For a few months last year, I lived in Colombia after college as a digital nomad videographer.
Scrolling Instagram for companies to pitch videos for, I inevitably ran into travel vlogger influencers like this guy:
“I was like, just so stuck with my life… so I just leeftttt and travellleddd because life is about living fully and not following the joneses and chasing material thingssss…. adversity is the stuff that makes you stronger…. So be strong, take those risks and just growww and quit your 9–5 to travel.”
I can’t be the only one rolling my eyes, can I?
Now don’t get me wrong. The reason why I dislike influencer-style travel accounts is not that they hawk bad advice. In fact, taken on its own in isolation, the advice is sometimes solid. …
Sometimes I go people watching. Like most people, I usually do it to pass the time and imagine backstories for the faces I see. But I can’t help wondering, with each person that passes, how they decided to embark on any of the billions of choices they could make on that day.
Take this guy walking into the restaurant I’m eating at this morning. He’s wearing baggy jeans and a grey sweatshirt with a light windbreaker. Out of the dozens of outfits he could have picked from his closet, he chose this. Why? Well, it’s -25 with windchill in Ann Arbor, so one might think him insane, but he’s probably just a hardy local. …
I have a weird habit. Sometimes, when I finish a novel, I write down a ranked list of characters from the book which I have judged to have the most admirable outlooks on life.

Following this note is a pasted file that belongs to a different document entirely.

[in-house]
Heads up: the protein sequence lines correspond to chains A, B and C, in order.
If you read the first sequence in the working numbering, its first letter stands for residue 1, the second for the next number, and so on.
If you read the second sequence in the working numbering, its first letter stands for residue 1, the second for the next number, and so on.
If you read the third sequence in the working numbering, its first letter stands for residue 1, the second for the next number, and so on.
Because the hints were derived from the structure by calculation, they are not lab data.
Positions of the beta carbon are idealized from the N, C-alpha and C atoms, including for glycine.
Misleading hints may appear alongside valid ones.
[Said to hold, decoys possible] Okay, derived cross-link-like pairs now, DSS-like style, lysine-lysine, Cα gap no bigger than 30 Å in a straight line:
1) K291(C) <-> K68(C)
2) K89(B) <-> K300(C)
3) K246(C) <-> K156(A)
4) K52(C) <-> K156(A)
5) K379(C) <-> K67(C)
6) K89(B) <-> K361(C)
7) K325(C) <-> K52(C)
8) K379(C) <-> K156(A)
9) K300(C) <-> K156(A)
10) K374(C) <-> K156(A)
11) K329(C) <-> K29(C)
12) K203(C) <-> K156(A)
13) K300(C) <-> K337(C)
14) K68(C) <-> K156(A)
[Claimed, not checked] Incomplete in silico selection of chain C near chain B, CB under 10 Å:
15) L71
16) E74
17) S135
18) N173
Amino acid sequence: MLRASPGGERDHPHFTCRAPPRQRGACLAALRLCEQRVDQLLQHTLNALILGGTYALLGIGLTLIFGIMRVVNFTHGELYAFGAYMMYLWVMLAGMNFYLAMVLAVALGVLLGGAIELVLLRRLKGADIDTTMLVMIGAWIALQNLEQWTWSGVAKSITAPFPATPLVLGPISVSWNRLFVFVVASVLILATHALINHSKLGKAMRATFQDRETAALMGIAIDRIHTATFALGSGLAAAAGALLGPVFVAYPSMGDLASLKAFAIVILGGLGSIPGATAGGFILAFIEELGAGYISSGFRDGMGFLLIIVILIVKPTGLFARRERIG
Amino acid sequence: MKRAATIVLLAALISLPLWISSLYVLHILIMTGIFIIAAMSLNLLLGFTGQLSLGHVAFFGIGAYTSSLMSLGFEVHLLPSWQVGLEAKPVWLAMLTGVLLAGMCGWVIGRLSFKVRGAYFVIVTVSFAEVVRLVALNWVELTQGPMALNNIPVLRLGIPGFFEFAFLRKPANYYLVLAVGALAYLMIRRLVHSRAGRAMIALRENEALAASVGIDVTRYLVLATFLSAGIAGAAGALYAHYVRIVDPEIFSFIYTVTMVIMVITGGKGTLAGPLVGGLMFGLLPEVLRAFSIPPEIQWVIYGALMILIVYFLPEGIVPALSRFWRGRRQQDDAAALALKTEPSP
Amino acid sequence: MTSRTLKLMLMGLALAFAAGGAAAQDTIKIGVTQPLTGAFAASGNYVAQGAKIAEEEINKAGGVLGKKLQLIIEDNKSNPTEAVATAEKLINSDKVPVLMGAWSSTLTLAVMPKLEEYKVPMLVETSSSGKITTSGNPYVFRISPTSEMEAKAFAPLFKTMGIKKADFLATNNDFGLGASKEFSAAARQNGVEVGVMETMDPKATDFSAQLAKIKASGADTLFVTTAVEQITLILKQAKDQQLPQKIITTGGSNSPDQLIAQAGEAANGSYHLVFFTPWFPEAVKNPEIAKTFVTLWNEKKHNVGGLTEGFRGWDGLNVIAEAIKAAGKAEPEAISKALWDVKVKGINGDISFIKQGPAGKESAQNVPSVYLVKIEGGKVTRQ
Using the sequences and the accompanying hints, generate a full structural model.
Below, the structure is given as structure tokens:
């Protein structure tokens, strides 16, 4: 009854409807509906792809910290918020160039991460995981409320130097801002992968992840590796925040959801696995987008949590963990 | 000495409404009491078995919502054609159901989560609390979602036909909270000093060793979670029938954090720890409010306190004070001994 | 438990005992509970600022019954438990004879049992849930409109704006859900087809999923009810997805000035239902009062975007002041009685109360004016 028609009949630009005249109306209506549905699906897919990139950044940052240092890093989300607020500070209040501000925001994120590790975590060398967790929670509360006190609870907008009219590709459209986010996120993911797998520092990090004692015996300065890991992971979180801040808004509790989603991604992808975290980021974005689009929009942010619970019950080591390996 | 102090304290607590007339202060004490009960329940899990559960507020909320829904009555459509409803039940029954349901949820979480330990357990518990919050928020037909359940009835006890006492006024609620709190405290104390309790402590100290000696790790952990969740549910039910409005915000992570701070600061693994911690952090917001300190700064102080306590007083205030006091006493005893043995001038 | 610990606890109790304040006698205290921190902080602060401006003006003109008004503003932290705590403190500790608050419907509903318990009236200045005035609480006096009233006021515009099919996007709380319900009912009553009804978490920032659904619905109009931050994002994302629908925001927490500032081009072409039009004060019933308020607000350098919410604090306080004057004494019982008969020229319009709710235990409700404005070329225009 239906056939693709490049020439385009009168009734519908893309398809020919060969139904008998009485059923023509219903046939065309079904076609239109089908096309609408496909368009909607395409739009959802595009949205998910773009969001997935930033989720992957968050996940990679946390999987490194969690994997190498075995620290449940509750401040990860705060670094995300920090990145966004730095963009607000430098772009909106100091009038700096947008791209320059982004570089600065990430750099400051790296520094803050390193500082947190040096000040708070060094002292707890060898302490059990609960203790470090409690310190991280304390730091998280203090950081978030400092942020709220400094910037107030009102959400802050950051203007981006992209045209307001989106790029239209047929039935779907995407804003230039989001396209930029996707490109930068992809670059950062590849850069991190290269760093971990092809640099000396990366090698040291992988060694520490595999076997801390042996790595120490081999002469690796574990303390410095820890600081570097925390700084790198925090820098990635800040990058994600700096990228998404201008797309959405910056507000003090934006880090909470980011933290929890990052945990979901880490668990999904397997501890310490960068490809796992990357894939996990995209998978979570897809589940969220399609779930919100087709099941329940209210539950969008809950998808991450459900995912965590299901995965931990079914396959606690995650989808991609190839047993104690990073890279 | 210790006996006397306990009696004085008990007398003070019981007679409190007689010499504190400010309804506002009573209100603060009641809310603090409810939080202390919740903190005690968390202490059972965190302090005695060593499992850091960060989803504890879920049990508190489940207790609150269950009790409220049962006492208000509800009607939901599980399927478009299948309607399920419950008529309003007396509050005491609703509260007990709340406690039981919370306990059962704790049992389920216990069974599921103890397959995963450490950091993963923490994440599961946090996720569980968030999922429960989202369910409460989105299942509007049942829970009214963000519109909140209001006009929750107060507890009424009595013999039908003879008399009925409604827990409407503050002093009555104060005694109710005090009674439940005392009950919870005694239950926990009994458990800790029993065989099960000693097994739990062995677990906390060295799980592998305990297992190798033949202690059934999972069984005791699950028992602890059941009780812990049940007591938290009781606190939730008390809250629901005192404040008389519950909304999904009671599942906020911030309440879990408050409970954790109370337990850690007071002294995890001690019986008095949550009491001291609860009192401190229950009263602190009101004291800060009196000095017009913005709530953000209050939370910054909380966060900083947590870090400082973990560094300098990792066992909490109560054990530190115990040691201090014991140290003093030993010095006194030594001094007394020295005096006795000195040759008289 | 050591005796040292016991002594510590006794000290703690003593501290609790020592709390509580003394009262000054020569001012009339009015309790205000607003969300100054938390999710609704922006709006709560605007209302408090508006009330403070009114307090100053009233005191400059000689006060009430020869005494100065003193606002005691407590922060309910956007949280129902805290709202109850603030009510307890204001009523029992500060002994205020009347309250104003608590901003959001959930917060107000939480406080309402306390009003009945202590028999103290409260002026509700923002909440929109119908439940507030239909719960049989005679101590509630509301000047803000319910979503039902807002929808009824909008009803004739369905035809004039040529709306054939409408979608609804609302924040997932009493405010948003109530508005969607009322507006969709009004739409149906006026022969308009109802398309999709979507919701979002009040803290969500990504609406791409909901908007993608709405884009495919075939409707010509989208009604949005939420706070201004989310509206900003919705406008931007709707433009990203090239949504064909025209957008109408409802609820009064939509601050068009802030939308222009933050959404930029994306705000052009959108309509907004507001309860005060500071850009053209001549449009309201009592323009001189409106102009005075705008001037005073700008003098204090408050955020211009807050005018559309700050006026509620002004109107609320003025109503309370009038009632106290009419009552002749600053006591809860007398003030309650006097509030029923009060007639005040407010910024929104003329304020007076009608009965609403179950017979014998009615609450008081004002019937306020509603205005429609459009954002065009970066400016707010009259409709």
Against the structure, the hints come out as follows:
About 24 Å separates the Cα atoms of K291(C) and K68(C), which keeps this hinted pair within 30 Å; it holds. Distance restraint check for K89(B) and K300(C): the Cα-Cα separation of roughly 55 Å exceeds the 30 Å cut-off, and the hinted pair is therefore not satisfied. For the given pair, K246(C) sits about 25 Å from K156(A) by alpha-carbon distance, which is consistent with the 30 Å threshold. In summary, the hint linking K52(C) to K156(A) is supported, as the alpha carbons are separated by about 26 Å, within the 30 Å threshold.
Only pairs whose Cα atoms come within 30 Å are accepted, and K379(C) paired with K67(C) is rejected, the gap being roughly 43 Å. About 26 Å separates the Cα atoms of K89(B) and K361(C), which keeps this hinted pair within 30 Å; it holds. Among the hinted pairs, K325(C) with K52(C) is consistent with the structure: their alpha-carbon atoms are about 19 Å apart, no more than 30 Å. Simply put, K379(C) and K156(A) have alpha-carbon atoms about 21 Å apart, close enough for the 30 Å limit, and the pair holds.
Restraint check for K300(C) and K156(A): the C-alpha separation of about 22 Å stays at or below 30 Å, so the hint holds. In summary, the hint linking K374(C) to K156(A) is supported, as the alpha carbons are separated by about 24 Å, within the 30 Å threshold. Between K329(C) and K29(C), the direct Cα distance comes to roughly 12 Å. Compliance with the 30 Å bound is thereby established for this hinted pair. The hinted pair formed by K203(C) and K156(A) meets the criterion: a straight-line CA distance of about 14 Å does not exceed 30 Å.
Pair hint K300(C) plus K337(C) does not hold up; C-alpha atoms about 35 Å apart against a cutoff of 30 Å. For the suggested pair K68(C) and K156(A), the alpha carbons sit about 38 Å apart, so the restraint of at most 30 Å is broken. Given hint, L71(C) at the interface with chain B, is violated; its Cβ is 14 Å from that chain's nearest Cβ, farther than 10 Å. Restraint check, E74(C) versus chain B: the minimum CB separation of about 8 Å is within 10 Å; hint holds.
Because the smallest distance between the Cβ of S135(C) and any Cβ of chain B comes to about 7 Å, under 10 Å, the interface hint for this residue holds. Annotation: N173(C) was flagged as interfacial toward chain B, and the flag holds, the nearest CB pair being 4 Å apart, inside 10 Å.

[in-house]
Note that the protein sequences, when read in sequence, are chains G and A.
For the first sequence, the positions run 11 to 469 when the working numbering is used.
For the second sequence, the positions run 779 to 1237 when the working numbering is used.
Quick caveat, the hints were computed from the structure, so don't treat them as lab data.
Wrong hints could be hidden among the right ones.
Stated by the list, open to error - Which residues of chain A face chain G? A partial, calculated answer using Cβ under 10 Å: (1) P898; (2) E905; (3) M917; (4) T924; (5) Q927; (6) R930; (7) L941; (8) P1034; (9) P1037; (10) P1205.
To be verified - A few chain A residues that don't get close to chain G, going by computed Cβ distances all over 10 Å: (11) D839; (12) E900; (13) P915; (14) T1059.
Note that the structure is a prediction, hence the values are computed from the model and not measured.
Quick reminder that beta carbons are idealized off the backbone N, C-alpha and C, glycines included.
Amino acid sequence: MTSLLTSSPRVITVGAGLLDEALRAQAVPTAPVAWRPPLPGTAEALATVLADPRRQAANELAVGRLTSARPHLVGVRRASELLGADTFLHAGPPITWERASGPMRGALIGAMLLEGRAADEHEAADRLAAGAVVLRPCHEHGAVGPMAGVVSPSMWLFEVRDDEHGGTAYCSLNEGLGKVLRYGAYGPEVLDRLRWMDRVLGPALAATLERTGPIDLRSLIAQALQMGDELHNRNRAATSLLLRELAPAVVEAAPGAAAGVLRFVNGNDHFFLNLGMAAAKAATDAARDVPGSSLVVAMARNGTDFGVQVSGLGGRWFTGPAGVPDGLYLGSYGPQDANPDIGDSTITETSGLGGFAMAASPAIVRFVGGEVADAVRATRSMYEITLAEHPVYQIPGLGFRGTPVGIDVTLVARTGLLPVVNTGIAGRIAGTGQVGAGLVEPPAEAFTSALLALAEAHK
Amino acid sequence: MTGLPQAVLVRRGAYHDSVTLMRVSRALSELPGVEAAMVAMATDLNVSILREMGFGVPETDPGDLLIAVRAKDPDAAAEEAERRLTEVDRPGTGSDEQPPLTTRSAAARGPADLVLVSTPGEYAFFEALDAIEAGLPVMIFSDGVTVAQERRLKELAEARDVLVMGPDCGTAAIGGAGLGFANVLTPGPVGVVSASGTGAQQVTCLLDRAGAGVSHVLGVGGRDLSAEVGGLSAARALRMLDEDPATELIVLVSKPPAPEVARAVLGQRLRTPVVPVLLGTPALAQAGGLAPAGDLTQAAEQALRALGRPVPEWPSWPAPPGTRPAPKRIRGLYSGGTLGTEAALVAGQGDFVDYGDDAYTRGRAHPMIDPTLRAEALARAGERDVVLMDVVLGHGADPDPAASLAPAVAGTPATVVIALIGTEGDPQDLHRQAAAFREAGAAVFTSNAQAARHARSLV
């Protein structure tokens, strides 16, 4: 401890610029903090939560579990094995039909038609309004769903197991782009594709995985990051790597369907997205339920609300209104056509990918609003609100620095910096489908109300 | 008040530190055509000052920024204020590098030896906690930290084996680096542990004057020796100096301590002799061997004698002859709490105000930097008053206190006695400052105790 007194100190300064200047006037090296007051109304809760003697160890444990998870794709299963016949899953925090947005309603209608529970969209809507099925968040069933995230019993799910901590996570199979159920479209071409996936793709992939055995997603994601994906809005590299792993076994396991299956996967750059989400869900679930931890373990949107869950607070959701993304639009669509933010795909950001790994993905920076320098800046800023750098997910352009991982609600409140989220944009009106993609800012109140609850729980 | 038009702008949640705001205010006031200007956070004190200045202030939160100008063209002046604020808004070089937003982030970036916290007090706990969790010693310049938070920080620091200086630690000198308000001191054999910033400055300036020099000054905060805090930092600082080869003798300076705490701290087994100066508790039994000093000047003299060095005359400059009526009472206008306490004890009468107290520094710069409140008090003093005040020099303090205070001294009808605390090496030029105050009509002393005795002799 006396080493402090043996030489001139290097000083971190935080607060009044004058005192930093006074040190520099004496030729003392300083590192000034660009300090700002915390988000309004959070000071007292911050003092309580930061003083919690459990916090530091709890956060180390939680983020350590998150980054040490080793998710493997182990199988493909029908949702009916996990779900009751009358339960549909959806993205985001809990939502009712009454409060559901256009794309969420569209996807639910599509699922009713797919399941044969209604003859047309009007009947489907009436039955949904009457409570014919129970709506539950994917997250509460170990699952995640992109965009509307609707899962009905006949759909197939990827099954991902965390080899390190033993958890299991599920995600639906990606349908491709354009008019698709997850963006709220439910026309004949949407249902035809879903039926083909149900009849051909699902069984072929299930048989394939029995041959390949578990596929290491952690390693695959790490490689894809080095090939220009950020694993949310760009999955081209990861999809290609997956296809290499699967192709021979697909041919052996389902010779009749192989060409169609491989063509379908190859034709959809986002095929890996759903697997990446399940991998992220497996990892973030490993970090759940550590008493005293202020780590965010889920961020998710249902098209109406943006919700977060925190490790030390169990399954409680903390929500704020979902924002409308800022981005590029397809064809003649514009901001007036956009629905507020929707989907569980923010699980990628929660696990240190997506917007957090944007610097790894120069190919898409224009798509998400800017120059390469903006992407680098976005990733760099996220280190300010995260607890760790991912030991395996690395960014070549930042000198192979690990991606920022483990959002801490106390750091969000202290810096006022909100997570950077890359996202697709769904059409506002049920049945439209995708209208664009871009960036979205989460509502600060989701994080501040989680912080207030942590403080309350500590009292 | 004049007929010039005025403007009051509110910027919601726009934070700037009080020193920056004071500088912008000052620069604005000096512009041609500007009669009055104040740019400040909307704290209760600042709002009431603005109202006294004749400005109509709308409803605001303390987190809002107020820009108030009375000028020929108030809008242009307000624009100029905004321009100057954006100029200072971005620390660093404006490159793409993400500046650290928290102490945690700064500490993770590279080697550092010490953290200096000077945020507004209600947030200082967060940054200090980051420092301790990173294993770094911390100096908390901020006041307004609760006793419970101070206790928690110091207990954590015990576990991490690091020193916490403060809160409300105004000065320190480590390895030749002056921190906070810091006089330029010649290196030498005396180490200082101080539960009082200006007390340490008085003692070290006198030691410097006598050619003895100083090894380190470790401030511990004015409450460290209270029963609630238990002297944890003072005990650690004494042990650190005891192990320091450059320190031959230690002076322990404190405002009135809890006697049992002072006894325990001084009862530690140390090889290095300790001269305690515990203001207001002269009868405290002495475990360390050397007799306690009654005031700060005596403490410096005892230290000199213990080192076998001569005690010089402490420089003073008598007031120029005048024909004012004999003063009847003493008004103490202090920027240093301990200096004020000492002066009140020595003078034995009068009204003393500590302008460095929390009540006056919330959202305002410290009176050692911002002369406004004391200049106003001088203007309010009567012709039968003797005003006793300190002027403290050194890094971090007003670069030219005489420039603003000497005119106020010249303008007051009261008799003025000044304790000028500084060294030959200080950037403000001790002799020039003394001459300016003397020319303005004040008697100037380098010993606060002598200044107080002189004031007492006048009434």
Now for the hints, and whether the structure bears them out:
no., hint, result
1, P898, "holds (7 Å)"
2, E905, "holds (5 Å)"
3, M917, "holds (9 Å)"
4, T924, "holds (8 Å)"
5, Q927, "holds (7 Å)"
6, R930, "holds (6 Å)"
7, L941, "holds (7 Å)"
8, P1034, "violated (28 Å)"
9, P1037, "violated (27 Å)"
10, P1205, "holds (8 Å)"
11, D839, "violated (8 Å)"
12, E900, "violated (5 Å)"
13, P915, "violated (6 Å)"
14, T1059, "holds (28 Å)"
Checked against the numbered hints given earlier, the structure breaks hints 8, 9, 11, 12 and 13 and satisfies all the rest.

I don’t know why I started doing this, but it was probably out of a desire to learn from the mistakes of others to improve my own life.
For the longest time, I was deeply suspicious of fiction. I never really read much growing up, and whatever reading I did do was mandated by my English teachers and quickly glossed over for online summaries.
When I got to college, I slowly started picking up non-fiction. I was, for a brief amount of time, hooked on the self-development subculture that preaches the usual suspects: meditate, make a side hustle, journal. …
“Huge swaths of people spend their entire working lives performing tasks they secretly believe do not really need to be performed.” — David Graeber
There aren’t many anarchists in academia these days. The few that remain usually publish in obscurity or teach at lesser-known universities.
But then there’s David Graeber, an American professor at the London School of Economics. It’s a peculiar school for the firebrand leftie; most of his graduates enter corporate law, finance, and lobbying.
But then again, that’s probably why he loves it so much. It’s the perfect place for a guy like him to be a fly on the wall, soaking in the ridiculousness of it all. …
Five years ago, University of Michigan sophomore Derek Magill walked into his school’s advising center to announce he was going to drop out of college.
Looking around the lobby, he could barely contain the smirk on his face as his peers frantically shuffled papers and scrolled through course guides on their phones
College, he told his advisor, failed to provide any value for him and wasn’t worth his parent’s money. He had intentions to fly back home and focus full time on his marketing business.